What Serum Should I Use? Here’s the Ultimate Guide
Have you ever wondered what face serum you should use? Or even if you should use one, for that matter? If so, consider this your ultimate guide to serums.
To understand this powerhouse product and navigate the different types, we reached out to Caroline Robinson, MD, FAAD, a board-certified dermatologist and founder of Tone Dermatology in Chicago.
What is facial serum?
Serums are highly concentrated skincare products that have a heightened ability to penetrate the skin. For these reasons, they’re able to supercharge progress based on your needs.
“Serums are one of my favorite skincare products,” Dr. Robinson shares. “They come in liquid, clear, gel, and oily forms. They’re usually light and contain different active ingredients targeted to your skin concerns, including breakouts, aging, hyperpigmentation, pollution, fine lines, wrinkles, repair, and more.”
You can think of serum as a star quarterback or the anchor leg in a relay race. Essentially, it can be your best, most potent ally in your daily regimen to achieve your idea of beautiful, radiant skin.
What Serum Should I Use?
Dr. Robinson notes that the market is very saturated today—which can be good in terms of finding the best serum amongst diverse skin types, tones, and goals.
Since they pack different actives, she continues, it’s essential “to find something that’s really customized to your concern, or even a combination [thereof].”
Ready to get glowing? Simply follow this dermatologist-approved guide to the best serums for your skin type and concerns.
Best Serums for Acne-Prone Skin
“Retinoids are the gold standard for acne,” Dr. Robinson explains. However, they’re most often available by prescription only and in cream form.
You can wait to get an Rx from your dermatologist. Otherwise, she advises looking into serums with BHAs (salicylic acid) as a worthy alternative in the interim.
Acne-prone select: Some By Mi 30 Days Miracle Serum, $27
Best Serums for Oily Skin
Dr. Robinson shares that many people with oily skin fear that hydration will exacerbate oil production. However, she says that they “can benefit from a water-based serum to use even in place of a moisturizer, rather than one that’s lipid- or oil-based.”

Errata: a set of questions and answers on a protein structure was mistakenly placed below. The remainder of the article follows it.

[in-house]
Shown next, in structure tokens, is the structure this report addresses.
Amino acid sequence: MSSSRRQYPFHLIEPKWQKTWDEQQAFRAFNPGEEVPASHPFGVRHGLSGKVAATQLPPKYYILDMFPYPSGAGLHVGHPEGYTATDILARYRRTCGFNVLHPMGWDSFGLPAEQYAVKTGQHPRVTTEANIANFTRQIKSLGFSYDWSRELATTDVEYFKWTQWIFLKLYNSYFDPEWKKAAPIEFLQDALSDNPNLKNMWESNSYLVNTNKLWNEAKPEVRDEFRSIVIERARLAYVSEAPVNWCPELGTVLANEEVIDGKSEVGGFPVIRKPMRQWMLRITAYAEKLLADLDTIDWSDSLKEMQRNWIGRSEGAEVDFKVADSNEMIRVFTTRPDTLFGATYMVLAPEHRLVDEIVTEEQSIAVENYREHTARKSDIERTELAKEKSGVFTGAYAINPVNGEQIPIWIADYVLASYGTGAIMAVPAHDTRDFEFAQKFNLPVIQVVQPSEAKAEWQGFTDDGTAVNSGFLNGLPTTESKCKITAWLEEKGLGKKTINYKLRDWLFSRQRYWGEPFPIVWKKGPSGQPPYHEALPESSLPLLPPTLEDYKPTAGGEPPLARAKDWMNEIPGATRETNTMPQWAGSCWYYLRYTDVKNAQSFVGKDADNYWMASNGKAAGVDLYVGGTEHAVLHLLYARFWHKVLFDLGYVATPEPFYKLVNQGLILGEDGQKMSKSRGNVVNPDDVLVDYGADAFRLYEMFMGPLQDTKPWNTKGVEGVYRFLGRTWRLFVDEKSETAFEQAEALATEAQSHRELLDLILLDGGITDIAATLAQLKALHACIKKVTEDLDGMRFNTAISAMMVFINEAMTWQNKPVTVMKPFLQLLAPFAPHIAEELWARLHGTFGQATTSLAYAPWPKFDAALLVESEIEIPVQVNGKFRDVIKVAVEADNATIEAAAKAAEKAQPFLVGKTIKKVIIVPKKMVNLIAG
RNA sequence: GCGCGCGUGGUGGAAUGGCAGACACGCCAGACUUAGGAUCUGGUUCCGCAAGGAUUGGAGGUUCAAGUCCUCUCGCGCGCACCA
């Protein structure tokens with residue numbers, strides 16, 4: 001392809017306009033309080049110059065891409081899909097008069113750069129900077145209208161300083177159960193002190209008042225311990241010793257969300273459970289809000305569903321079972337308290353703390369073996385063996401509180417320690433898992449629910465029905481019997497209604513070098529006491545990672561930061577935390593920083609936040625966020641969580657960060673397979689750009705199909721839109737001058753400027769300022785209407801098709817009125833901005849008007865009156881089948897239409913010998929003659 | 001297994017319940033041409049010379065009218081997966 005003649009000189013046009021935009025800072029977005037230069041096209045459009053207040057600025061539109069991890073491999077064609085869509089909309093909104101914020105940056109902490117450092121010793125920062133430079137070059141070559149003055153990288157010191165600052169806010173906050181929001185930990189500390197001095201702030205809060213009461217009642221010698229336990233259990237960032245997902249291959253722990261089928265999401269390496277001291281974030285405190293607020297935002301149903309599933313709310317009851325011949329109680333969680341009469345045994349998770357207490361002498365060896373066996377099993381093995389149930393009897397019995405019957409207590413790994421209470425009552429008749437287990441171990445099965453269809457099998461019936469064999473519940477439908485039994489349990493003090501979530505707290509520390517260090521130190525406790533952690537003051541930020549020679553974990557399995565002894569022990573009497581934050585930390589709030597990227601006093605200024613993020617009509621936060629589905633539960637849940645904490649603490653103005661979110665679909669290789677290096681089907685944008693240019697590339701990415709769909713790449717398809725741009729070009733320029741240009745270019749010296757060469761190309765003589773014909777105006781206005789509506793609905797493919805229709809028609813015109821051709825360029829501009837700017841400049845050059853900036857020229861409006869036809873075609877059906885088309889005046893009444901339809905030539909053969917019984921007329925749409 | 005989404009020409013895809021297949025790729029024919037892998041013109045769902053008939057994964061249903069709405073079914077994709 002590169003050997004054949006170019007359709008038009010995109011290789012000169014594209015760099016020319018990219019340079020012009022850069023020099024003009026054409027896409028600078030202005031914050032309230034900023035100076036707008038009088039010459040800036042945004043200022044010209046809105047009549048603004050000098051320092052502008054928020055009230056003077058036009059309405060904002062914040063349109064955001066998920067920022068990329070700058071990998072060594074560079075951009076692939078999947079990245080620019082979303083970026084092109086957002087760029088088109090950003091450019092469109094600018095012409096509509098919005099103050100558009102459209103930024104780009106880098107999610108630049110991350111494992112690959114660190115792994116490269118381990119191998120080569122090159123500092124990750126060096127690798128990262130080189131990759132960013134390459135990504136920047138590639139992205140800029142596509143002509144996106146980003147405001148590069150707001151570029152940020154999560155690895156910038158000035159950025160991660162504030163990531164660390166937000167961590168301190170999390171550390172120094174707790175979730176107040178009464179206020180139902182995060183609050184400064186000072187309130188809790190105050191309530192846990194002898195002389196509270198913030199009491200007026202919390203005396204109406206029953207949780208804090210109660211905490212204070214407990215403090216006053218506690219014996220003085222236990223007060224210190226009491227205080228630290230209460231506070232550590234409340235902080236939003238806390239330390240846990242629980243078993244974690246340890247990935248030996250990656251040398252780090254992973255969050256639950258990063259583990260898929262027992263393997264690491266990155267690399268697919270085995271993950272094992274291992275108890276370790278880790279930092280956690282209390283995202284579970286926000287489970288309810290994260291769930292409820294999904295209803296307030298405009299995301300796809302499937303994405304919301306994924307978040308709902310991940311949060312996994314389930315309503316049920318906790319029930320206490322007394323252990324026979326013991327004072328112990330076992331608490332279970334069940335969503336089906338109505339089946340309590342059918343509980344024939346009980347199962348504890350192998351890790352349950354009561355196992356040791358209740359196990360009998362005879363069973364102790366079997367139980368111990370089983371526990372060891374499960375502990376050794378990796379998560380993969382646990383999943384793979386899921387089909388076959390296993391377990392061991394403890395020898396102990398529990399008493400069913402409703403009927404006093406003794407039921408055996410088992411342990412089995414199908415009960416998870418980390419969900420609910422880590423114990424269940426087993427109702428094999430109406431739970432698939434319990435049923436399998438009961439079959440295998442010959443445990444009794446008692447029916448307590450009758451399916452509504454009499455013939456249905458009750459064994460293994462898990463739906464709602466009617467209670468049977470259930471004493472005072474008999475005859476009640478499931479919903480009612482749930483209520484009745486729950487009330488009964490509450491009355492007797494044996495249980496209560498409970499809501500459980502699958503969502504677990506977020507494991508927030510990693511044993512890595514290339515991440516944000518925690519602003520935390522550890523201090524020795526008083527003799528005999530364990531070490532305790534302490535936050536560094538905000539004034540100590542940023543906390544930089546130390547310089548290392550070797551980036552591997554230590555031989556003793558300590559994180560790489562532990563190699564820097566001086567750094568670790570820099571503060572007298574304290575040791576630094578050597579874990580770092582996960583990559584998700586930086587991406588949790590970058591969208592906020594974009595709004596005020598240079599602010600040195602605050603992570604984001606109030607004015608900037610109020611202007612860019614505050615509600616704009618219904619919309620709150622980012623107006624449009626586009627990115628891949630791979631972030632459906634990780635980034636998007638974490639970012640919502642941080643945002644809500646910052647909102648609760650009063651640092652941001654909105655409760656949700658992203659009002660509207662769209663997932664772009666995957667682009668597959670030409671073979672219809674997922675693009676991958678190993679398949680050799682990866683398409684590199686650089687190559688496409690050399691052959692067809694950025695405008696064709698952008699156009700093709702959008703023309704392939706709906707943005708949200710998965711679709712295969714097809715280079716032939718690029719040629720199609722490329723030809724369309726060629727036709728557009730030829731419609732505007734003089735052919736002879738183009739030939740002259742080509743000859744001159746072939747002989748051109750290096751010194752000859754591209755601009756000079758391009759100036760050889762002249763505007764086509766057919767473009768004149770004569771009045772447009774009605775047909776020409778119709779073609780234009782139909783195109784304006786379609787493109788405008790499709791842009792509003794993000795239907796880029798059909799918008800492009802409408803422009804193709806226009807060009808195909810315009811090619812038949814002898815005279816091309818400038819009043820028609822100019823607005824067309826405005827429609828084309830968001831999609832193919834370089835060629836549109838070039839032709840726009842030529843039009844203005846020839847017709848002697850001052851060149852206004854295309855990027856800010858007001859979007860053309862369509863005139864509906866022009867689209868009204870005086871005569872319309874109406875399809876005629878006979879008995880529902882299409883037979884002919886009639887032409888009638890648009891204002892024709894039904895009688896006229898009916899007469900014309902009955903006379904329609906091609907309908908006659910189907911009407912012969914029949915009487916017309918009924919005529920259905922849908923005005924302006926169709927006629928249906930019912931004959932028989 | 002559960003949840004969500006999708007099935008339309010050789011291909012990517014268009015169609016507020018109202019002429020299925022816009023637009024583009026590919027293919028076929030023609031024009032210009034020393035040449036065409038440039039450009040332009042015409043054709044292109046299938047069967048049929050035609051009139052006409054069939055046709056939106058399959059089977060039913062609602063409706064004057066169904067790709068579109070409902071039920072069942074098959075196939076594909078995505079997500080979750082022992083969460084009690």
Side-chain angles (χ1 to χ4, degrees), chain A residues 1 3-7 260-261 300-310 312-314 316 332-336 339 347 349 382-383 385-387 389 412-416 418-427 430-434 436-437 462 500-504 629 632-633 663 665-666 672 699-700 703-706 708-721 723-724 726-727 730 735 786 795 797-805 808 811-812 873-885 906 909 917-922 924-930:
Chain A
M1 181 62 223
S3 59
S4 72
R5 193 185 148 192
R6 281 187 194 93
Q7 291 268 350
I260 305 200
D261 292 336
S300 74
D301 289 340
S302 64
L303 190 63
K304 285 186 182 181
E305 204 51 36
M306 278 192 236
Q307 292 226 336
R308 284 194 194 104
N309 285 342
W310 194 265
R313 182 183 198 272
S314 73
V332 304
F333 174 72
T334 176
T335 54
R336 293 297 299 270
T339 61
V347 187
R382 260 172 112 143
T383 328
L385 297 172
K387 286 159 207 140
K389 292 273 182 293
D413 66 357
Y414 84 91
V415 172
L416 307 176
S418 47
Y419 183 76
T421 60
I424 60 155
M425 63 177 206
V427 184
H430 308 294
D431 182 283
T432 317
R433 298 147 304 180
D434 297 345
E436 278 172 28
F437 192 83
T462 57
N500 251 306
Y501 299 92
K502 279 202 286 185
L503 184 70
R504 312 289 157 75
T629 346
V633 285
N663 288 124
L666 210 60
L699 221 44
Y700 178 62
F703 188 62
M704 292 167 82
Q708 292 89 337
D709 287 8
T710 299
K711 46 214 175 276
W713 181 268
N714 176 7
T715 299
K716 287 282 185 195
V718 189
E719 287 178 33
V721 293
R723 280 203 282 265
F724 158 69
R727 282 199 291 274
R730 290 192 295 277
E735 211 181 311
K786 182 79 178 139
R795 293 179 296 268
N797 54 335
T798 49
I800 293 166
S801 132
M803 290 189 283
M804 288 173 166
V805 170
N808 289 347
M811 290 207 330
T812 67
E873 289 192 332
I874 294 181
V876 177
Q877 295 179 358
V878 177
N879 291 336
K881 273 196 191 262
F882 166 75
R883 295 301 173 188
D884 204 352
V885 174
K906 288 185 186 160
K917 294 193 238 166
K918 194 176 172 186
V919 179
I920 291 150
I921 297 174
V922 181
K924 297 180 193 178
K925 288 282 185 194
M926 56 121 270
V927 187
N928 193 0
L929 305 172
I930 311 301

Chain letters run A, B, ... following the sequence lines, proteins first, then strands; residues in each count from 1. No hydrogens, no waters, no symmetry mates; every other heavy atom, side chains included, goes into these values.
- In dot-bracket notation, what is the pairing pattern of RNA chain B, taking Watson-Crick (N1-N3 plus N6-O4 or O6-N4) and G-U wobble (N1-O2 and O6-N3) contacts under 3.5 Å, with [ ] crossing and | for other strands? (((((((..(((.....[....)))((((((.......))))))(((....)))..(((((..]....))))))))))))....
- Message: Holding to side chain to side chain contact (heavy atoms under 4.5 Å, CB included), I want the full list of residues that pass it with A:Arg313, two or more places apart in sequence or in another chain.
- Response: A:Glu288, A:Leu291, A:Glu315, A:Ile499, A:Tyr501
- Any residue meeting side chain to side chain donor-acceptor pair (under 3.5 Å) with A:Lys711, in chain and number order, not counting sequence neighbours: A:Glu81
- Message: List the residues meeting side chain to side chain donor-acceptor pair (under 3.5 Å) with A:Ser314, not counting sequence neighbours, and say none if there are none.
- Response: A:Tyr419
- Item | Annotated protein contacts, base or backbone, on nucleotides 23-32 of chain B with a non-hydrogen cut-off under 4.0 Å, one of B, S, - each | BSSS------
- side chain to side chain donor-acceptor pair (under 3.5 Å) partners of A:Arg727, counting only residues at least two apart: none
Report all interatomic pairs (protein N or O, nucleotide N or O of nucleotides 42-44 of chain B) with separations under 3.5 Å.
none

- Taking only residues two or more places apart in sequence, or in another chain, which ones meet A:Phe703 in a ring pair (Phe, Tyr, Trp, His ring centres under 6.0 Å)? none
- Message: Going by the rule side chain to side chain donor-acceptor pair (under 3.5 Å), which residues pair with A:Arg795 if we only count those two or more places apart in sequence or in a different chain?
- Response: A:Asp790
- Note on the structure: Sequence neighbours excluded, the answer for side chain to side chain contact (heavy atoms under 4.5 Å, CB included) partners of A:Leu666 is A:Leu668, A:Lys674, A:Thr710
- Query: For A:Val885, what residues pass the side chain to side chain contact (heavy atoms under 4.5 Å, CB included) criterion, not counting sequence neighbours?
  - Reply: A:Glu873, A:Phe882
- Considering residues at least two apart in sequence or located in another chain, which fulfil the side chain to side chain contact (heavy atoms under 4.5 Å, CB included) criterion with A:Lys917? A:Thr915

Additionally, since BHAs help tackle oil under the skin’s surface, you may also opt for one targeted for breakout-prone skin.
Lastly, those containing niacinamide (vitamin B3) can help lower sebum excretion rates.
Oily skin select: Allies of Skin Prebiotics & Niacinamide Pore Refining Booster, $65
Best Serums for Mature Skin
Are your biggest skin concerns are fine lines, wrinkles, and other signs of aging? Dr. Robinson advises using serums that’ll help with collagen rejuvenation.
She recommends using a vitamin C serum (typically in the form of L-ascorbic acid) in the morning for DNA repair, such as to remedy the effects of excess sun exposure. Then at night, opt for retinol to support skin cell turnover.
Some formulas, including the one recommended below, blend the two ingredients for a safe and effective one-two punch.
Pro-aging select: iS Clinical Pro-Heal Serum Advance+, $88
Best Serums for Dry Skin
“My go-to for hydration is hyaluronic acid, but also glycerin and ceramides,” Dr. Robinson begins. However, you can also look to “more familIar ingredients like aloe (a humectant) and other hydrating botanicals.”
She advises looking for a hydrating serum with any of the big three ingredients, with a primary claim to quench dry and dehydrated skin.
However, she notes, “most people can benefit from using a hyaluronic acid serum. A lot of serums on the market are HA-based, or include some form of it. It’s naturally found in the skin, and attracts water to deeper layers.”
Hydrating select: Klur Immersion Serum, $70
Best Serums for Sensitive Skin